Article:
The arithmetic mean and standard deviation (SD) as well as the GM and 90% confidence interval (CI) for each drug, active metabolite, and their sum are presented for all subjects, responders, and nonresponders in Table 1. There were no differences between the GMs of responders and nonresponders for any drug (paroxetine, P = 0.33; citalopram, P = 0.15; fluoxetine, P = 0.22; venlafaxine, P = 0.60), active metabolite (norfluoxetine, P = 0.20; ODV, P = 0.15) or sum (fluoxetine + norfluoxetine, P = 0.16; venlafaxine + ODV, P = 0.12). Participants treated with citalopram whose 6-week drug concentration was equal to or greater than the GM showed a higher rate of response (13/17 [76.5%]) compared with the patients with a drug concentration less than the GM (3/10 [30.0%]; Fisher exact test, P = 0.04). A similar but nonsignificant trend was found in youth treated with fluoxetine (fluoxetine, 25/43 [58.1%] vs 7/21 [33.3%], χ21 = 3.47, P = 0.06; fluoxetine + norfluoxetine 23/39 [59.0%] vs 9/25 [36.0%], χ21 = 3.22, P = 0.07). Response rates were not significantly different for participants treated with paroxetine or velafaxine whose week 6 levels were equal to or greater than the GM versus less than the GM (paroxetine, 7/20 [35.0%] vs 6/14 [42.9%]; χ21 = 0.22, P = 0.64; venlafaxine, 38/69 [55.1%] vs 27/50 [42.9%]; χ21 = 0.01, P = 0.91; ODV, 40/80 [50.0%] vs 25/39 [64.1%]; χ21 = 2.10, P = 0.15; venlafaxine + ODV, 38/75 [50.75%] vs 27/44 [61.4%]; χ21 = 1.28, P = 0.26).
Using logistic regression to control for the effects of CBT and of a dose increase, there was a significant relationship between exposure at week 6 and the outcome at week 12 for the fluoxetine/citalopram group (OR = 2.12; 90% CI, 1.26–3.57) but not for the paroxetine (OR = 0.65, 90% CI, 0.32–1.34) or the venlafaxine group (OR = 0.76; 90% CI, 0.54–1.05).
Approximately two thirds (68.4%) of the participants from whom week 6 plasma concentrations were obtained had a dose increase at 6 weeks. There was a relationship between the dose (mg/kg) at 12 weeks and drug concentration for both those treated with SSRIs (r = 0.51, df = 91, P < 0.001) and with venlafaxine (r = 0.46, df = 88, P < 0.001). The participants treated with citalopram or fluoxetine who received a dose increase and whose drug exposure changed from less than the GM at 6 weeks to equal to or greater than the GM at 12 weeks were much more likely to respond than were the participants whose exposure at 12 weeks continued to be less than the GM (6/12 [50.0%] vs 0/10 [0.0%]; Fisher exact test, P = 0.02). In contrast, those treated with citalopram or fluoxetine whose 6-week level was equal to or greater than the GM showed no difference in response rates to a dose increase whether their 12-week exposure was greater than or less than the GM (17/26 [65.4%] vs 1/1 [100.0%]; Fisher exact test, P > 0.99). Those treated with venlafaxine whose week 6 exposure level was less than the GM showed no difference in response rates to a dose increase whether their 12-week exposure was greater or less than the GM (8/14 [57.1%] vs 5/10 [50.0%]; Fisher exact test, P > 0.99). Likewise, those participants treated with venlafaxine who received a dose increase but whose week 6 levels were equal to or greater than the GM showed no difference in response rates to a dose increase whether their 12-week exposure was greater or less than the GM (20/37 [54.1%] vs 2/6 [33.3%]; Fisher exact test, P = 0.41).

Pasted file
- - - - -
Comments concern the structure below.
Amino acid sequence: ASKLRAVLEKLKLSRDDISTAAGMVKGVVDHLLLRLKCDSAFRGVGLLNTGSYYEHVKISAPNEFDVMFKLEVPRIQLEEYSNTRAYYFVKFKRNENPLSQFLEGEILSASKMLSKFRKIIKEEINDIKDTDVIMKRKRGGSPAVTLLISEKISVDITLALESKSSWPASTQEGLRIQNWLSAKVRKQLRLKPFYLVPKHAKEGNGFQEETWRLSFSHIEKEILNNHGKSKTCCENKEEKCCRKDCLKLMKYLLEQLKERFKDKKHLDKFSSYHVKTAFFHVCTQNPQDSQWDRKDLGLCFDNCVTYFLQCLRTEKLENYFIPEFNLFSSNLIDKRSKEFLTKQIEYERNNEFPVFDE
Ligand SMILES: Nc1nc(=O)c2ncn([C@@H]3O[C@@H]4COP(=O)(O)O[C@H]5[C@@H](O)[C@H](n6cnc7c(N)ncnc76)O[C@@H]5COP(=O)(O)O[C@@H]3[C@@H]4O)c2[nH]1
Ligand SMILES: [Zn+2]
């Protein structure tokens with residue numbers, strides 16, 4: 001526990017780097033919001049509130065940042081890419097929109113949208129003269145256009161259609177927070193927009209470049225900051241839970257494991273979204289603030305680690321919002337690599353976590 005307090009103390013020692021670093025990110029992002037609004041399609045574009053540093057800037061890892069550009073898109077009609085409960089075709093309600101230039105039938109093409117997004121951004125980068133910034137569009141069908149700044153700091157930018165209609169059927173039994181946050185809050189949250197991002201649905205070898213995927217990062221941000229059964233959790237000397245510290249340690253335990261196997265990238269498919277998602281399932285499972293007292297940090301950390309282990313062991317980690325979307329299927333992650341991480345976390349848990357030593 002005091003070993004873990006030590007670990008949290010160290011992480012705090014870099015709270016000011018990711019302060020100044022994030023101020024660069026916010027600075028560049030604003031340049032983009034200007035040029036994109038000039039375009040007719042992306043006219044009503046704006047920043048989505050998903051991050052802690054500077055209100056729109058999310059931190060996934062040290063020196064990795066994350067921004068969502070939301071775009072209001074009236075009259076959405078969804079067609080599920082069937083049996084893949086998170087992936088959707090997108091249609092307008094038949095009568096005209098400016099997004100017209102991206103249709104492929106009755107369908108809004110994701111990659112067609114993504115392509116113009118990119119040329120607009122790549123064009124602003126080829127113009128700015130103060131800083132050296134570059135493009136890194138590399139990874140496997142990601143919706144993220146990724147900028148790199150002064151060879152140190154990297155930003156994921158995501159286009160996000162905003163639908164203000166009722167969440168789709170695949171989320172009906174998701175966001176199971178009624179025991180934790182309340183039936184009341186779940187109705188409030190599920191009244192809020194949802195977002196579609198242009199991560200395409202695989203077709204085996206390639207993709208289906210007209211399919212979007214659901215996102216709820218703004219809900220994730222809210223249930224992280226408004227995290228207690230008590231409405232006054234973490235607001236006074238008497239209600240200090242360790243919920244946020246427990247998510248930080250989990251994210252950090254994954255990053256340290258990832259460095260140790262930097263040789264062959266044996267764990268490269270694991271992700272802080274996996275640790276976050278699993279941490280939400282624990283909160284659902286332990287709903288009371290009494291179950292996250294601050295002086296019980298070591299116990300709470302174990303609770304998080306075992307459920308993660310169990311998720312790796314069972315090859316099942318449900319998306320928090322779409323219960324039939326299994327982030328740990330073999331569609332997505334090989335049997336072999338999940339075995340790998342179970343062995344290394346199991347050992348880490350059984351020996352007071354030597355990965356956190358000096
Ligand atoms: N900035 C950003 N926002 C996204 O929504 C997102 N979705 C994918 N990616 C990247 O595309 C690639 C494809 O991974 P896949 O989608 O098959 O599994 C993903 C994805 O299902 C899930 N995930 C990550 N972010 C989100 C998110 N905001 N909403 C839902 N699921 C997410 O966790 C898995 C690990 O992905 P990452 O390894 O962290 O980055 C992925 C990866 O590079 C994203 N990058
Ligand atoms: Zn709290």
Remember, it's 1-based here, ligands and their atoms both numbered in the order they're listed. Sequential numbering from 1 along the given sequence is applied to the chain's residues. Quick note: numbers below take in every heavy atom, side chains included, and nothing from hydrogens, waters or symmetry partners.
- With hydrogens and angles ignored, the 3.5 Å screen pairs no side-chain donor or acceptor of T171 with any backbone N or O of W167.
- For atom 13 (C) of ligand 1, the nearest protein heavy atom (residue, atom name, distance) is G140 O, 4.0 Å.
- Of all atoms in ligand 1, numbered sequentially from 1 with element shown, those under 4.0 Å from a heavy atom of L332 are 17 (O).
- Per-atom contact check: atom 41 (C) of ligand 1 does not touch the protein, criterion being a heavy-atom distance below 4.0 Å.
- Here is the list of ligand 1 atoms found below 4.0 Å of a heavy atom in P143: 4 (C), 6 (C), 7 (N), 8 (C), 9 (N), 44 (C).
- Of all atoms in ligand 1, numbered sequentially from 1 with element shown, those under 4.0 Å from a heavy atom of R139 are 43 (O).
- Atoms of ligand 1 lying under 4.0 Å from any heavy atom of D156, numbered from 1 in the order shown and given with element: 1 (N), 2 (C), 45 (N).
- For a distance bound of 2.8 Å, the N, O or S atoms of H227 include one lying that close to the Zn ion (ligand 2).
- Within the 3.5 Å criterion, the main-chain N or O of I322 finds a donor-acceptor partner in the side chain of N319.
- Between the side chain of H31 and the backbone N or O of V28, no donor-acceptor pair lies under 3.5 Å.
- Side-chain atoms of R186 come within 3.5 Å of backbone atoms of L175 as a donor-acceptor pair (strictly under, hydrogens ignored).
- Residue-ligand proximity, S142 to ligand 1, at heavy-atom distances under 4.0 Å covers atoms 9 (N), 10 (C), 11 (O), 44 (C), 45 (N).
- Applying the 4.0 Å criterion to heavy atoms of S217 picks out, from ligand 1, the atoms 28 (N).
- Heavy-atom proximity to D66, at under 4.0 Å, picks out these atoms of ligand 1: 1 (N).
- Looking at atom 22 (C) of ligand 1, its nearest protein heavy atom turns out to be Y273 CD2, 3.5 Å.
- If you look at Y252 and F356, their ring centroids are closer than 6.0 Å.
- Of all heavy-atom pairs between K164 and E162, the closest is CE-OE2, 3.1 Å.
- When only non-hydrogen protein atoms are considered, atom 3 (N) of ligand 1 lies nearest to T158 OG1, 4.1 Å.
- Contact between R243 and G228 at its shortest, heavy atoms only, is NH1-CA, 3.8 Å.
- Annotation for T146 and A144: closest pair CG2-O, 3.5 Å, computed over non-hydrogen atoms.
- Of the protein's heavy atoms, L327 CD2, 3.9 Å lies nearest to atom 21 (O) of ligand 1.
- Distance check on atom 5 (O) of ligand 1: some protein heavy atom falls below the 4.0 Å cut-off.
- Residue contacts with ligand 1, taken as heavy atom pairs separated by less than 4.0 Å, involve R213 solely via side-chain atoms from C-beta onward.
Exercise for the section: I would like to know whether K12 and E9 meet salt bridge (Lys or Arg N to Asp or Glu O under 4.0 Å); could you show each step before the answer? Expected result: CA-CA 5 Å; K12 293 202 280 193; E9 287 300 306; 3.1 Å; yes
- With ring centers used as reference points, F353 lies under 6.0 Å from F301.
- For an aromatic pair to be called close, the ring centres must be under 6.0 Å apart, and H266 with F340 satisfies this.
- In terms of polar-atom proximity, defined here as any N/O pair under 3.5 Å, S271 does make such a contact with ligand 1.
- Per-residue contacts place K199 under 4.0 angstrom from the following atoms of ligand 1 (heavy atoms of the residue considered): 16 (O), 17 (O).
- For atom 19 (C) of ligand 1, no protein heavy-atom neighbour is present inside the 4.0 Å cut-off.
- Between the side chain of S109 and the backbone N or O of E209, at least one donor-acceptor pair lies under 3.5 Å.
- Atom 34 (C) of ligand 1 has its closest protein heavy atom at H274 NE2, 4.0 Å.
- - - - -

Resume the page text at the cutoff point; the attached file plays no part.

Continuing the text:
The relationship between adverse effects, adverse events, and exposure was examined in each SSRI individually. Because the relationships were similar across individual drugs, the results for the 3 SSRIs were combined. Adverse effects were reported equally among those with SSRI exposure equal to or greater than the GM and those with SSRI exposure less than the GM (Table 2). Among those treated with venlafaxine, higher exposure was associated with dizziness when standing up (54.7% vs 27.3%; χ21 = 8.43, P = 0.004), cardiovascular (61.3% vs. 31.8%; χ21 = 9.66, P = 0.002), and dermatologic adverse effects (41.3% vs 20.5%; χ21 = 5.42, P = 0.02) Among the participants who received either SSRIs or venlafaxine, the high and low exposure groups were not different with respect to rates of adverse events, serious adverse events, or self-harm events.